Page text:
Colorado wine industry ripens |

Colorado wine industry ripens

Summit Daily/Reid Williams In the last 30 years, Colorado's wine industry has experienced a lot of growth.

SUMMIT COUNTY – Most archeologists agree, Neolithic people produced the first “bottle” of wine in the ancient Near East. Since then, many humans have preferred wine over water.Colorado is no different. In fact, in the last 30 years, the Colorado wine industry has ripened and still enjoys steady growth.”Last year 10 new wineries and wine-tasting rooms opened in the state,” said Jim Disset, public relations director for the Colorado Wine Industry Development Board. “That’s the largest growth we’ve seen in the state.”Right now about one in every 100 bottles of wine sold in the state is a Colorado wine, Disset said, but with this spurt of recent openings he hopes this percentage increases. Colorado vineyards?When you think of vineyards, usually you think of the temperate climates of California or regions in France – not the cold of Colorado. But Colorado’s high elevation can create superb conditions, Disset said.”With the hot days and cool nights, it’s really an ideal position. If you look at some of the best wine-producing regions, the conditions are the same.”

Cultivation of wine grapes in Colorado began in the late 1800s and lasted until Prohibition. It wasn’t until 1968 that the Colorado wine industry began to re-establish itself.Most wineries grow their grapes in the Grand Valley and the Western Slope, though about a dozen wineries are located between Estes Park and Denver. In all, vineyards cover about 650 acres in the state, with overall production varying from season to season. Delivering wine to the drinkerThe industry stumbles over marketing a little bit, which is why the Wine Development Board began in 1977. “Most winery owners grow grapes because they love making wine,” Disset said. “They aren’t as concerned with marketing and don’t have the time. Our job is to market and promote Colorado wines.”One of the best ways to promote any wine is to have restaurants include it on their lists. “We know from experience from other states like Washington and Oregon that the local wines were really embraced when more restaurants included the wines on their wine list,” Disset said. “People who live in and visit Colorado want that Colorado experience. They’re proud of where they are. Including local wines just gives them more of the experience.”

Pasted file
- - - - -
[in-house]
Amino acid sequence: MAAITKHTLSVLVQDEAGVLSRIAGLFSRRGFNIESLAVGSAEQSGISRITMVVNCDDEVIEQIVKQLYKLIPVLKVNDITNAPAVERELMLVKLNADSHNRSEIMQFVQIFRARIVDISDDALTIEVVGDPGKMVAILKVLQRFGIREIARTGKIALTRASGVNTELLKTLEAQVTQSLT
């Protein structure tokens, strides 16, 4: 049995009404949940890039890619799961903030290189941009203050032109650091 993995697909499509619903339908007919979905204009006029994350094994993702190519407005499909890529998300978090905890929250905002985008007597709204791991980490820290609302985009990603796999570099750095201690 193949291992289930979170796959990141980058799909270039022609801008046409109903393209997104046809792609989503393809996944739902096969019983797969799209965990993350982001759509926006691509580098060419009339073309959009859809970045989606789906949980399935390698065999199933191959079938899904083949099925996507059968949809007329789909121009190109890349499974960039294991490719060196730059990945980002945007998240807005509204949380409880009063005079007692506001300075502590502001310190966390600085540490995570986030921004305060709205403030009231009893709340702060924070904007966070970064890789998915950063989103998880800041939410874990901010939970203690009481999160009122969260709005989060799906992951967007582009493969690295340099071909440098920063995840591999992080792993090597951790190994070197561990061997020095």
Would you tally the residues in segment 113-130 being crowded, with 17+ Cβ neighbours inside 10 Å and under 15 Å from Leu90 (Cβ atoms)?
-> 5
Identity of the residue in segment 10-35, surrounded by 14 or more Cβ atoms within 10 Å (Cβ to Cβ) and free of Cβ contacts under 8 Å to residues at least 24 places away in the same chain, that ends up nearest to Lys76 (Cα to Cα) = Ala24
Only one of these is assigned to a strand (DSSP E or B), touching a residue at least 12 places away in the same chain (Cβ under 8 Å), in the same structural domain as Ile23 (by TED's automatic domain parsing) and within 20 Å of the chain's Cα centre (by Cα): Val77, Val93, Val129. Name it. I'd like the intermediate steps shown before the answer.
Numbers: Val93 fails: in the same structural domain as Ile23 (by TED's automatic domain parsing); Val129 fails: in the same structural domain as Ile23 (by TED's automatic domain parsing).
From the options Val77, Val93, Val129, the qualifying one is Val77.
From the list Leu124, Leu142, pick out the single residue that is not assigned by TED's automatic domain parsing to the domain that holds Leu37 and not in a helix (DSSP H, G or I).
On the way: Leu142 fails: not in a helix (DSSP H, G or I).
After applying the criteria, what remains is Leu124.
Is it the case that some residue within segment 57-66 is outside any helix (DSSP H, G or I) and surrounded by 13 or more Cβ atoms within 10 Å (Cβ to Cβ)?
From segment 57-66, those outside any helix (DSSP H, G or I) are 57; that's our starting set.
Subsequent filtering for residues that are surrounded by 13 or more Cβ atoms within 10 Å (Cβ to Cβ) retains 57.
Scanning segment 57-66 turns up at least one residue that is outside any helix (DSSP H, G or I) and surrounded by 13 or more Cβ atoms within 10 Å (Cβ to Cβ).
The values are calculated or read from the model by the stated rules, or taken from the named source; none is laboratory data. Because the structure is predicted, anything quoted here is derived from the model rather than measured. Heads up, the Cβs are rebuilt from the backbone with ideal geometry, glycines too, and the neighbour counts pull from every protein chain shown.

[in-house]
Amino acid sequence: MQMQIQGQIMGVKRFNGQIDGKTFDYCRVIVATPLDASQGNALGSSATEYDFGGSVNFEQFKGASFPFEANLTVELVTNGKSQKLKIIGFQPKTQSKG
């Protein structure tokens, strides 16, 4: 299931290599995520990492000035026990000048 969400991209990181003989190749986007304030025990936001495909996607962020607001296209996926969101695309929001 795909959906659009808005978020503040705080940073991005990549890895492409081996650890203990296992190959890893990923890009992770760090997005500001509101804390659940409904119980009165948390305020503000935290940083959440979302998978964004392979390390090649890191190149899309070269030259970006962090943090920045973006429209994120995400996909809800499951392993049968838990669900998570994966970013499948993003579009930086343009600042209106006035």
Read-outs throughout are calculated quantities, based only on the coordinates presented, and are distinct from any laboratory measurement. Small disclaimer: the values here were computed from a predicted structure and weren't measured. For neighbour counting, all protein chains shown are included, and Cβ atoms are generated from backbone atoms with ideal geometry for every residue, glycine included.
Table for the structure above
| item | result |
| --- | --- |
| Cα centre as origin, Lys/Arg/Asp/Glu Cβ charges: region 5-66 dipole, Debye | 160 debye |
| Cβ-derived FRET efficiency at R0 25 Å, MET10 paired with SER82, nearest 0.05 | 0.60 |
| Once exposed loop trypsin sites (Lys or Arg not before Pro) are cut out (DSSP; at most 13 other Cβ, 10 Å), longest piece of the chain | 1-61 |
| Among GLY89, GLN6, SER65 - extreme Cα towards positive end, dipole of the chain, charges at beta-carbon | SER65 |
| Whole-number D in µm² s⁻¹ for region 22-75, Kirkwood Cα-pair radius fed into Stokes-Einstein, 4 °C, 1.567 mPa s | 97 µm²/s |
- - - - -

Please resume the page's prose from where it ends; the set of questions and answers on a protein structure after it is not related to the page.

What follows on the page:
Do restaurants embraceColorado wine?More than 200 restaurants in the state currently carry local wines, and several are in Summit County. Keystone Ranch, a Wine Spectator DiRoNa winner, currently offers two Colorado wines, a cabernet sauvignon and a viogner from the Grand River winery, out of its 400.This is a small percentage but still a compliment considering the standards general manager Ron Wolfe uses for including wines on his list.”I don’t put any wine on the list that I have not tasted personally, and I do a lot of research,” Wolfe said.Wolfe had wanted to represent Colorado wines but said he didn’t come across any that caught his attention until these two. “The viogner is one of the best wines I’ve tasted of that variety,” Wolfe said. Wolfe said the Colorado brands sell “OK,” and often customers will ask specifically about the local wines.

The South Ridge Seafood Grill in Breckenridge has only one local wine on its list but is not adverse to including others.”We’d like to have more,” said general manager Paul Brenholt. “But we really don’t have the time to actively seek out the wines. We’re kind of waiting to see what comes our way.”The Horseshoe II in Breckenridge stopped offering local wines because they weren’t selling, but management said the restaurant might include them again if demand increases. An industry set to growIn order to introduce more Colorado wines to restaurant managers and owners, Disset hopes wineries will become more business savvy and actively visit restaurants. To help the marketing process, the development board is sponsoring the first Colorado Wine Restaurant Recognition program. The program runs from May 17 through Sept. 30 and offers cash prizes and free publicity for restaurants including local wines on their lists. While the industry may have to wait a bit before it can claim a 100-year-old vintage, it looks to have some staying power. Austin Diaz can be reached by e-mail at

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